Faegre Drinker’s snap removal team closely monitors snap removal updates across the United States (for a basic explanation of snap removal and previous updates, see Faegre Drinker’s prior posts here; for a breakdown on which jurisdictions allow snap removal, see Faegre Drinker’s interactive snap removal map here).
On March 25, the U.S. Supreme Court decided Ford Motor Co. v. Montana Eighth Judicial District Court, revisiting the issue of due process limitations on the exercise of personal jurisdiction, most recently addressed by the Court in 2017 in Bristol-Myers Squibb v. Superior Court, 137 S. Ct. 1783 (2017) (“BMS”). A unanimous Court (8-0, with Justice Barrett not participating) held in Ford Motor that courts in Montana and Minnesota could hear claims by residents of those states alleging injuries sustained in accidents that occurred there involving Ford vehicles. Relying on Ford’s extensive contacts with those states, which consisted of efforts to create and serve local sales and service and repair markets for the same kinds of vehicles, the Court concluded these plaintiffs’ claims were sufficiently “related to” Ford’s local contacts, even though the actual vehicles in the accidents were designed, manufactured and initially sold in other states. (We commented here on the state court decisions in these cases before Ford sought certiorari.)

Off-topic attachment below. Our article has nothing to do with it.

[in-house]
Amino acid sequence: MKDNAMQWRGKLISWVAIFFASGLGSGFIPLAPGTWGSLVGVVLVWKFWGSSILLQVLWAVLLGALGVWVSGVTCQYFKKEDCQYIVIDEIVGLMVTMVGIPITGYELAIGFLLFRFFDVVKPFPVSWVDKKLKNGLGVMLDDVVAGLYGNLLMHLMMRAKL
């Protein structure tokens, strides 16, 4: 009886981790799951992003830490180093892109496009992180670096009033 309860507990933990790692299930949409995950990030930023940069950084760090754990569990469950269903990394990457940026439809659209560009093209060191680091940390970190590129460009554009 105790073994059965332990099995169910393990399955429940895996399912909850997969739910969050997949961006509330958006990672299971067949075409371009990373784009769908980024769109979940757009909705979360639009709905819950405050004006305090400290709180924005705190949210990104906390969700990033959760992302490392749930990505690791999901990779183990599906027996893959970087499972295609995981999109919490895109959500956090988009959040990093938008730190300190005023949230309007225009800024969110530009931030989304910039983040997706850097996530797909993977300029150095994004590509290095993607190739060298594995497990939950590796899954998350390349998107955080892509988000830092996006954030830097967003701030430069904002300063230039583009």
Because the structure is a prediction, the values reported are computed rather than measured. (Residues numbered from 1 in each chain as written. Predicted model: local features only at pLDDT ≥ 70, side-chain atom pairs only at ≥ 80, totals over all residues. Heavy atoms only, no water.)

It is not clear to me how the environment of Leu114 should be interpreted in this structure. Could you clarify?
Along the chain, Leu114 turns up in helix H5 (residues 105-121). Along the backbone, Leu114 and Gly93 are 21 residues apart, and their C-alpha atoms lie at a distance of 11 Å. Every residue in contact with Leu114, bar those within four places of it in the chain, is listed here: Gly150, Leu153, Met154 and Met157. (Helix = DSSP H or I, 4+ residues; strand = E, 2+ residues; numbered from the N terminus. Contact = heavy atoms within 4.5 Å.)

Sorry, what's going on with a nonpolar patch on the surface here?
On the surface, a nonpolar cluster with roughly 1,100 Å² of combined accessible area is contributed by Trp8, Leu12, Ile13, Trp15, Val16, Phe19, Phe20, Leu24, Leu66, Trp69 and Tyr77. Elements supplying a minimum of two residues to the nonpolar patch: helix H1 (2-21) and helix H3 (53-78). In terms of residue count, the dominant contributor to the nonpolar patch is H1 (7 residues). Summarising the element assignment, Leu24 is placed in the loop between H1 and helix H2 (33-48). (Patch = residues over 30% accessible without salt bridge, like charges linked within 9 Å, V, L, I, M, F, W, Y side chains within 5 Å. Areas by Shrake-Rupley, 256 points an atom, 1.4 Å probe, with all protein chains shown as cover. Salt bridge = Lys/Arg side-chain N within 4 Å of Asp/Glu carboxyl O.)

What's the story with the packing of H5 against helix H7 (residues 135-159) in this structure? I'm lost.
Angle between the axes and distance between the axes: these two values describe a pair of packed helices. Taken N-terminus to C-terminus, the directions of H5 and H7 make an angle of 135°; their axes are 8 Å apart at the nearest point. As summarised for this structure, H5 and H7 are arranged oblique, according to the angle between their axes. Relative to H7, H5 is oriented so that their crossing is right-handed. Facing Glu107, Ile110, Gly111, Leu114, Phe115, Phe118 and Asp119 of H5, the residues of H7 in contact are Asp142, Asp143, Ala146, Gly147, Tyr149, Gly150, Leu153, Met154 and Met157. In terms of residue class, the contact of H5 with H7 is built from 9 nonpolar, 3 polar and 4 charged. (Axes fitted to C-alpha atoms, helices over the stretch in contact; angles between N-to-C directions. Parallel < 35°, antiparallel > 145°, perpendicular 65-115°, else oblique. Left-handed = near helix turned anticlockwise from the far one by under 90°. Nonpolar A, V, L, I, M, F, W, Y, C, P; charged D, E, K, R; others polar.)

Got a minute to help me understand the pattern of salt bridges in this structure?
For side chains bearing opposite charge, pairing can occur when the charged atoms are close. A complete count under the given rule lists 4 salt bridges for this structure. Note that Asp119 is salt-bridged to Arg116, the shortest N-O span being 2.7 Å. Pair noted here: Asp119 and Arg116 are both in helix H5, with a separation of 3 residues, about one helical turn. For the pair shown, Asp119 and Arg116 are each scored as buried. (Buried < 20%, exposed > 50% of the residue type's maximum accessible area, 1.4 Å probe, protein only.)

Pre-service removal—known colloquially as “snap removal”—continues to be adopted in more jurisdictions. For a basic explanation of snap removal, see Faegre Drinker’s prior posts here.
In Doe v. Daversa Partners, 2021 WL 736734, at *3 (D.D.C. Feb. 25, 2021), the U.S. District Court for the District of Columbia joins the Second, Third, and Fifth Circuit Courts of Appeal affirming the practice of snap removal. Noting that the D.C. Circuit had not yet opined on the issue, the Daversa court provided a thorough analysis and rationale for refusing remand under the circumstances.